Venera Shakirova
I am a content creator from Russia, now based in Munich, Germany.
I'm all about social issues, science popularisation and people’s everyday life.

For many years, I have enjoyed noticing intriguing details and capturing them on video or in photos using my smartphone. However, six months ago I managed to purchase a DSLR camera and took a course on Coursera from the University of Michigan, and this hobby has now reached a new level. Here are my creative experiments.


Alexey Navalny, the most influential politician of Russia’s opposition, passed away under suspicious circumstances on February 16, while in custody at a prison located in the Yamalo-Nenets region, situated approximately 1,200 miles northeast of Moscow. His death is a tragedy, and not only for his family and like-minded people in Russia, but also for many hopers and dreamers all around the world, unconsciously believing in Navalny as a superhero who’d survived numerous other attempts of Putin to hurt or kill him.

People worldwide gathered at memorials, Russian embassies and other Russia-related places to process the loss, talk, cry, and support each other. At that moment we didn't even know if his body would be released to his mother, we weren't even sureif all that nightmare was even real.

Here's how it happened in Munich.


Istanbul is a cultural and economic hub, it's a bridge between Europe and Asia. It's one of the largest cities in the world, it's a very popular touristic place that somehow stays unique. As a Tatar, a representative of turkic people in Russia, I see so many relatable things there, but people here seem much freer than mine. Turkey looks like a dreamland to me, where turkic people managed to avoid colonisation and remarkably preserved their culture and language.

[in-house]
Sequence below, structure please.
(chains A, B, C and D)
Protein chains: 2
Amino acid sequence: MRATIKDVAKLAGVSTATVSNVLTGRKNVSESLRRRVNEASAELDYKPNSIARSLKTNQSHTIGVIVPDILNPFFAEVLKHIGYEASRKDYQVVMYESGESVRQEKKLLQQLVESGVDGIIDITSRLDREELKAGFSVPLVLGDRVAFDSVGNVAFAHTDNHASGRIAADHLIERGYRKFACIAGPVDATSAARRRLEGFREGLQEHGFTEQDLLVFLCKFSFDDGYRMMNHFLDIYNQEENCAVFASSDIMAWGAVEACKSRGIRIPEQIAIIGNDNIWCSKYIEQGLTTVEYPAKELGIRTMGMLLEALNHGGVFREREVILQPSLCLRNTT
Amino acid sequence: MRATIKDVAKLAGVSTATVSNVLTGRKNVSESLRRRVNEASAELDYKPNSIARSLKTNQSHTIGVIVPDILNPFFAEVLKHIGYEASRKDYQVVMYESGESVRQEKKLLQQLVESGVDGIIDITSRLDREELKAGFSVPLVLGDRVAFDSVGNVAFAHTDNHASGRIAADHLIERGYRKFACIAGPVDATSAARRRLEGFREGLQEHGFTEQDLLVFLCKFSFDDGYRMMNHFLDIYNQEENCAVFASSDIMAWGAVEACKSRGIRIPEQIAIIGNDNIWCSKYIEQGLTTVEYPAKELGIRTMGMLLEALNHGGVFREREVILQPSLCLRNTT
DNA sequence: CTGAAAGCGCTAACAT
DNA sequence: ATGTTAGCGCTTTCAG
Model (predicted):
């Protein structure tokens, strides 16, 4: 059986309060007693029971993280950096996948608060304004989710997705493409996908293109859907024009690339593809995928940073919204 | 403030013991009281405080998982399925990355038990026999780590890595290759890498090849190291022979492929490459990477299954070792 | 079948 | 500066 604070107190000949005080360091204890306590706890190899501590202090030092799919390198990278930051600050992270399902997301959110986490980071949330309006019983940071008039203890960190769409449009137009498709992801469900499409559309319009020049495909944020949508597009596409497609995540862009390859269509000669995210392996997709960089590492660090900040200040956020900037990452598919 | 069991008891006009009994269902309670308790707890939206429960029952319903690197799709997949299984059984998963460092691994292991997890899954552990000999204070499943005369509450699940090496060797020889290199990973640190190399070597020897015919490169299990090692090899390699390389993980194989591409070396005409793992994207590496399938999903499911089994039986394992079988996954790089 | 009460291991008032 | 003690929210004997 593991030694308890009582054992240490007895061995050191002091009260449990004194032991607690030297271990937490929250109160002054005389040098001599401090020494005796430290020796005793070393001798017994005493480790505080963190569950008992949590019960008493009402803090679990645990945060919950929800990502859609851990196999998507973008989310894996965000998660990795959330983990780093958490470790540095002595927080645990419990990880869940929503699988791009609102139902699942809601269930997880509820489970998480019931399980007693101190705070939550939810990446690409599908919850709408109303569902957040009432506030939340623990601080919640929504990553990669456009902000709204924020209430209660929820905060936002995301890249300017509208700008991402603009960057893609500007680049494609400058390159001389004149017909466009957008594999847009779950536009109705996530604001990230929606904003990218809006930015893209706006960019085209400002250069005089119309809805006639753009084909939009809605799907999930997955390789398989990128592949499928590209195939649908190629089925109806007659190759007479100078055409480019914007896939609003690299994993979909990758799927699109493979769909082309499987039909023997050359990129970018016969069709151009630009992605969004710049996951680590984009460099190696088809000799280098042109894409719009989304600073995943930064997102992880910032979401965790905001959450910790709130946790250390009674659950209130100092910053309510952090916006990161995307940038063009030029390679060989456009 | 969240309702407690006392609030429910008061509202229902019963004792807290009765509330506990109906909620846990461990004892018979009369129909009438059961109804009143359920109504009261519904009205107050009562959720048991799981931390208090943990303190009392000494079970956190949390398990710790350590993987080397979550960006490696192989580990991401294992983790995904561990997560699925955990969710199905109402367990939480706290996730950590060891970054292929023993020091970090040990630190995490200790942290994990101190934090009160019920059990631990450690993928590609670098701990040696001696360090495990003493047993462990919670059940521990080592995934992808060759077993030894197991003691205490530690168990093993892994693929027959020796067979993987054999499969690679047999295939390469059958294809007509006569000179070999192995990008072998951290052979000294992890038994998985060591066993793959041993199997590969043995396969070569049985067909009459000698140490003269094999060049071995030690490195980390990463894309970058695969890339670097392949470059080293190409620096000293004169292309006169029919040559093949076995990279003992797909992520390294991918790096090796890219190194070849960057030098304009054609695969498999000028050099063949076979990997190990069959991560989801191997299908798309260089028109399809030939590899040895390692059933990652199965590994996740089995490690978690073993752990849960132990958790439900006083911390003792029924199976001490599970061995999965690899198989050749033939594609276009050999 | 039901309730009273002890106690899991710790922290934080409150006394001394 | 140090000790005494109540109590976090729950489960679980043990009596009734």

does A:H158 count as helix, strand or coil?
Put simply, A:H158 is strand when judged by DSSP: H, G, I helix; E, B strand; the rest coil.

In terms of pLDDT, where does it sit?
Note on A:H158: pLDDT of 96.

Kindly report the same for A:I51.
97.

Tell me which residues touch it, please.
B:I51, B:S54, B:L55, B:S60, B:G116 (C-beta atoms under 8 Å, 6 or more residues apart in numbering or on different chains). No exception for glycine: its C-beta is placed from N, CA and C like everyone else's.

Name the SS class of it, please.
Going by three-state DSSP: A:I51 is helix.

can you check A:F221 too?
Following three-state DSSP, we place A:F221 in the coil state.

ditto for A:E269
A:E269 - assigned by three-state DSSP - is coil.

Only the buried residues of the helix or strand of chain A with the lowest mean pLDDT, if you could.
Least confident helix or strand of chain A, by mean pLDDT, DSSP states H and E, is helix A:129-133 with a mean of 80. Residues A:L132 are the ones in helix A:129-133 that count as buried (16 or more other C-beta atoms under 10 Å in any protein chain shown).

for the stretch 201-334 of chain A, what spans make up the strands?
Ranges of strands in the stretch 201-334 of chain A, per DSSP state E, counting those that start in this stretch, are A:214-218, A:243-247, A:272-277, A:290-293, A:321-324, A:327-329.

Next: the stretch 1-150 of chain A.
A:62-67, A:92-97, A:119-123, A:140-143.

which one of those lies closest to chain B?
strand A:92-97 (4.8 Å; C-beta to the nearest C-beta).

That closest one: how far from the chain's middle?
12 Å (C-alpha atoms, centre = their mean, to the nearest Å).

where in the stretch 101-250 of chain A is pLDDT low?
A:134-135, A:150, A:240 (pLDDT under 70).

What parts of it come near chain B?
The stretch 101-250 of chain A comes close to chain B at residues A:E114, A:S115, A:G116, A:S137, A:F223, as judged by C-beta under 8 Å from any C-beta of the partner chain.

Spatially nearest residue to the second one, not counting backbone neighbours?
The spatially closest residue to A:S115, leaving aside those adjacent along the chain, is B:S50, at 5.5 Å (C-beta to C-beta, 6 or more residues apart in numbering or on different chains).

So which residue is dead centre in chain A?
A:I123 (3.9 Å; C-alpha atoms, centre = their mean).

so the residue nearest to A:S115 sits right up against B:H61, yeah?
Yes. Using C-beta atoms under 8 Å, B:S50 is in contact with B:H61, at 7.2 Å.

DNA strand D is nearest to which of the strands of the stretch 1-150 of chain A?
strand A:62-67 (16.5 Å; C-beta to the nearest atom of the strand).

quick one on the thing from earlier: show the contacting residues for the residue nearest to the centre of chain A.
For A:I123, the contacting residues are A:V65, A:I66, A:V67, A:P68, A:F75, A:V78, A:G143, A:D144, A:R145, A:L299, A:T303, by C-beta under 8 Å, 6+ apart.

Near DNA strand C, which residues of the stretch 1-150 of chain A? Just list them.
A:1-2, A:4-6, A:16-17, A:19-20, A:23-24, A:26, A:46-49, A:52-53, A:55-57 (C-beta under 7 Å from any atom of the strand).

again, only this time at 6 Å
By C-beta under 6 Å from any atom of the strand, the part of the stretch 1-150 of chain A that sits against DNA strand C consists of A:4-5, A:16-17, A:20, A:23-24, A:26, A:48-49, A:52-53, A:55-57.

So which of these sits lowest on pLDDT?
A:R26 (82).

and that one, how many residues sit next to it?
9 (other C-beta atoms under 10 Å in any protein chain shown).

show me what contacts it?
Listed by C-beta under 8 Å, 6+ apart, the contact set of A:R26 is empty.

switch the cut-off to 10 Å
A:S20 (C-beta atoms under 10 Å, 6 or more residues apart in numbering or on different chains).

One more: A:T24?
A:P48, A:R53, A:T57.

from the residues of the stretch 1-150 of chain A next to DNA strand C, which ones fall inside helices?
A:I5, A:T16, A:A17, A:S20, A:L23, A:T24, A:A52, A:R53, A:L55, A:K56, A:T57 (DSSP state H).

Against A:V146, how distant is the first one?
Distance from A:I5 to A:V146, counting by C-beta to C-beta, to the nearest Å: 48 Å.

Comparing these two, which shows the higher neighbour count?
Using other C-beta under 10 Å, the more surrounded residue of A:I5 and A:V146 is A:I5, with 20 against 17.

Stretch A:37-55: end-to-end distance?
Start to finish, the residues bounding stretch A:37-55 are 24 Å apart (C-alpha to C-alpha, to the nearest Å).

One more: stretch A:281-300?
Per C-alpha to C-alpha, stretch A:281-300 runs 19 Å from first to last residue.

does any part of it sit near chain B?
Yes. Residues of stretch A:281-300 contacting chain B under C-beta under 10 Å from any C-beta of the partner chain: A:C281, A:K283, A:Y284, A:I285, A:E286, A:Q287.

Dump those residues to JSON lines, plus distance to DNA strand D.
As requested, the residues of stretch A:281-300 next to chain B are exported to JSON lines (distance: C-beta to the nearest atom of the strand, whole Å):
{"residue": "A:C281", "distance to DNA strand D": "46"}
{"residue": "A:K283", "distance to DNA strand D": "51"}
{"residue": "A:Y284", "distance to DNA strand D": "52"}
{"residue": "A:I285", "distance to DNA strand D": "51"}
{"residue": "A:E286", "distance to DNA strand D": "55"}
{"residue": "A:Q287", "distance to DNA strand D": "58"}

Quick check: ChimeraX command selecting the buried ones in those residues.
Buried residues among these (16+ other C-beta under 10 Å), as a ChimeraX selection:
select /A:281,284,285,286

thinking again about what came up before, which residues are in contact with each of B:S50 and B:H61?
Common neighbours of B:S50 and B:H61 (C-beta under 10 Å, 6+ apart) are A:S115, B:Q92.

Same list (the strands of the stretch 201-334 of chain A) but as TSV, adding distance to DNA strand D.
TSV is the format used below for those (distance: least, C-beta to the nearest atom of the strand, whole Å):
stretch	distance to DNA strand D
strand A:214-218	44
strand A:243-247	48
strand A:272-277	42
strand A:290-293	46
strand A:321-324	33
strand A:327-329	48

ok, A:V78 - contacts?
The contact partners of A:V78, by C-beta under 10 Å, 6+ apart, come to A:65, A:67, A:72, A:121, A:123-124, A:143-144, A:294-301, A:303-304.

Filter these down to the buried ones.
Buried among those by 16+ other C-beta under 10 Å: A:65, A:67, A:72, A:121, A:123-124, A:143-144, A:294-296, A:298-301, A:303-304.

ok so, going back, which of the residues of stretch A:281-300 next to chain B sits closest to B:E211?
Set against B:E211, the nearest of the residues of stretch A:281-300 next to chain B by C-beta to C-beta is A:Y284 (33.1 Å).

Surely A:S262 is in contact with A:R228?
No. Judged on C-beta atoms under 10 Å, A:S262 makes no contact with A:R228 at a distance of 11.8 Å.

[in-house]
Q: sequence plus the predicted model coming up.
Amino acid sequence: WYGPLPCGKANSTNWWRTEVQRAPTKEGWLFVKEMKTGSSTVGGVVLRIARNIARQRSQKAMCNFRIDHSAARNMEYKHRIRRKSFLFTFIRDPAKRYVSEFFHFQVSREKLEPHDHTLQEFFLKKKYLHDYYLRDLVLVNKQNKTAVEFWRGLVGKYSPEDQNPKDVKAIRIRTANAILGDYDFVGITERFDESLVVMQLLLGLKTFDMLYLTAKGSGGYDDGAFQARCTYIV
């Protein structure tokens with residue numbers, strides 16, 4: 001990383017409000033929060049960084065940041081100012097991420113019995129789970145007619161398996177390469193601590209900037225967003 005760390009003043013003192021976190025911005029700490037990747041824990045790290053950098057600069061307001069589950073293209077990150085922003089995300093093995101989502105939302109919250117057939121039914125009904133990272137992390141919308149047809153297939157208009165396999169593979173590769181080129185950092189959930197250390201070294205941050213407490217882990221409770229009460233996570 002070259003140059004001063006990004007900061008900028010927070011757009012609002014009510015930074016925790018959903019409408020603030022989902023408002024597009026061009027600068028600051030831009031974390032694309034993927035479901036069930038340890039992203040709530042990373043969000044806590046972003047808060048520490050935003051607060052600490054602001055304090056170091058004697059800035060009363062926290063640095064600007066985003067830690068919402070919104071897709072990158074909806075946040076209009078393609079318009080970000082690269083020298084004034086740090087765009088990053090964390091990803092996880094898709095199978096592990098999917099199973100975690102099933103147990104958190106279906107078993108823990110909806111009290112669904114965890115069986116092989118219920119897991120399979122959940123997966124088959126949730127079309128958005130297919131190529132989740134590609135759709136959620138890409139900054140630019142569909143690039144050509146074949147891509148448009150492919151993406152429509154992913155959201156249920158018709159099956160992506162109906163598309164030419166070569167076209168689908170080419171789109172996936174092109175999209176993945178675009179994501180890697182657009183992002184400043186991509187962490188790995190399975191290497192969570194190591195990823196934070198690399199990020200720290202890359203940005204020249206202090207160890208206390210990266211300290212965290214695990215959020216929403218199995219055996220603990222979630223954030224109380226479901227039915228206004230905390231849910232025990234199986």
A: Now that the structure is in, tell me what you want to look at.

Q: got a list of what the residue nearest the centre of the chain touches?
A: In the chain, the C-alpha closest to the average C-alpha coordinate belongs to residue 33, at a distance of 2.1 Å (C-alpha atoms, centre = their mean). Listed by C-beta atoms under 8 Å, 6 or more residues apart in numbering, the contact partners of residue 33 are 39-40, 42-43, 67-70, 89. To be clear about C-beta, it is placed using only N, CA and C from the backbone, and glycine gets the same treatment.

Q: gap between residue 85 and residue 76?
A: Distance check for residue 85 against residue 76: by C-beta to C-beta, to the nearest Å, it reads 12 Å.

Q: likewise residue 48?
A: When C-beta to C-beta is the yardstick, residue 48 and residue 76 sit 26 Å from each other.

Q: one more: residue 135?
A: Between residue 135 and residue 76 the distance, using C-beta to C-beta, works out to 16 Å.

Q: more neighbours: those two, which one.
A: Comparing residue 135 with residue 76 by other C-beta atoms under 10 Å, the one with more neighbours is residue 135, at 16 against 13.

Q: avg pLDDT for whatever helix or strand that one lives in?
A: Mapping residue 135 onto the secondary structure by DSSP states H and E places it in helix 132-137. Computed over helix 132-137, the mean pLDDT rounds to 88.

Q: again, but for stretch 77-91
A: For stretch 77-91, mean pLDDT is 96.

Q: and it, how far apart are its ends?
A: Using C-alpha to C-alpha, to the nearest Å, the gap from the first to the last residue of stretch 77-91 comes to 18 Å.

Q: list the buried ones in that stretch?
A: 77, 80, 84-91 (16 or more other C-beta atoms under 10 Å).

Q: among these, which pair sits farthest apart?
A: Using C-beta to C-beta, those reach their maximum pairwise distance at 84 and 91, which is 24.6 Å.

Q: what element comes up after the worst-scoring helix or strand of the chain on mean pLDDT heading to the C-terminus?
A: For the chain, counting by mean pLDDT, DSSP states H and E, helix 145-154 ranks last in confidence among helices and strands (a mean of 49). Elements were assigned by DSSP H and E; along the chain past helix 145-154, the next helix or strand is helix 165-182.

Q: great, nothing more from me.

I know this country has its problems, and, unlike other touristic places in Europe I've visited, Istanbul doesn't even care to hide that. It's very forgiving to my people who come here first after escaping the regime in Russia, and that's making me more forgiving and open-minded towards Turkey too. I empathise with the struggles of Turkish people and I receive such unconditional acceptance here as well.

A couple of months ago I came to Istanbul to meet my friends from Russia who now live all over the world. My husband and I took some time to walk, breathe, watch and listen to Istanbul, and now I invite you to see what I saw.


As a hobby, in collaboration with experts I create explanatory illustrations on various life spheres, such as the biology, physics, and chemistry of natural processes, and social processes from the perspectives of political science and economics.

For example, when I realised that a lot of my acquaintances and friends held numerous misconceptions about cancer and its treatment methods, I collaborated with a doctor, a microbiologist, and a geneticist to create this series of illustrations.


Sometimes I create illustrations of this sort on important social issues, for instance, how the meaning of International Women's Day has been distorted in the post-Soviet area , transforming into a "day of love, beauty, and tenderness." Now, women in Russia, Ukraine, Belarus, Kazakhstan, Uzbekistan, and other post-Soviet countries receive bouquets and wishes to remain "beautiful and tender."

I addressed this irony by depicting bouquets with key feminist theses. This post went viral on my small blog, reaching around a million views and over 1,000 likes: women, tired of the absurd interpretation of the holiday, rushed to express the importance of remembering the true meaning of International Women's Day and the history of feminism, and shared these illustrations on social media.


In the beginning of the Pandemic I was shocked at how many people treated the dangers of COVID-19 carelessly. Every time I discussed it with people, I was devastated by lack of knowledge on basic biology and a wide spread of false information.

I collaborated with an infectious disease specialist, a microbiologist, and a haematologist to create a video and an article exploring COVID and the basics of vaccination. Later in 2020, we participated in the annual contest organised by Biomolecula, a Russian-speaking project dedicated to science popularisation.
This video was also shown in school biology classes and even to med students.

As long as the article was written in Russian, I've made a translation for you to grasp the idea.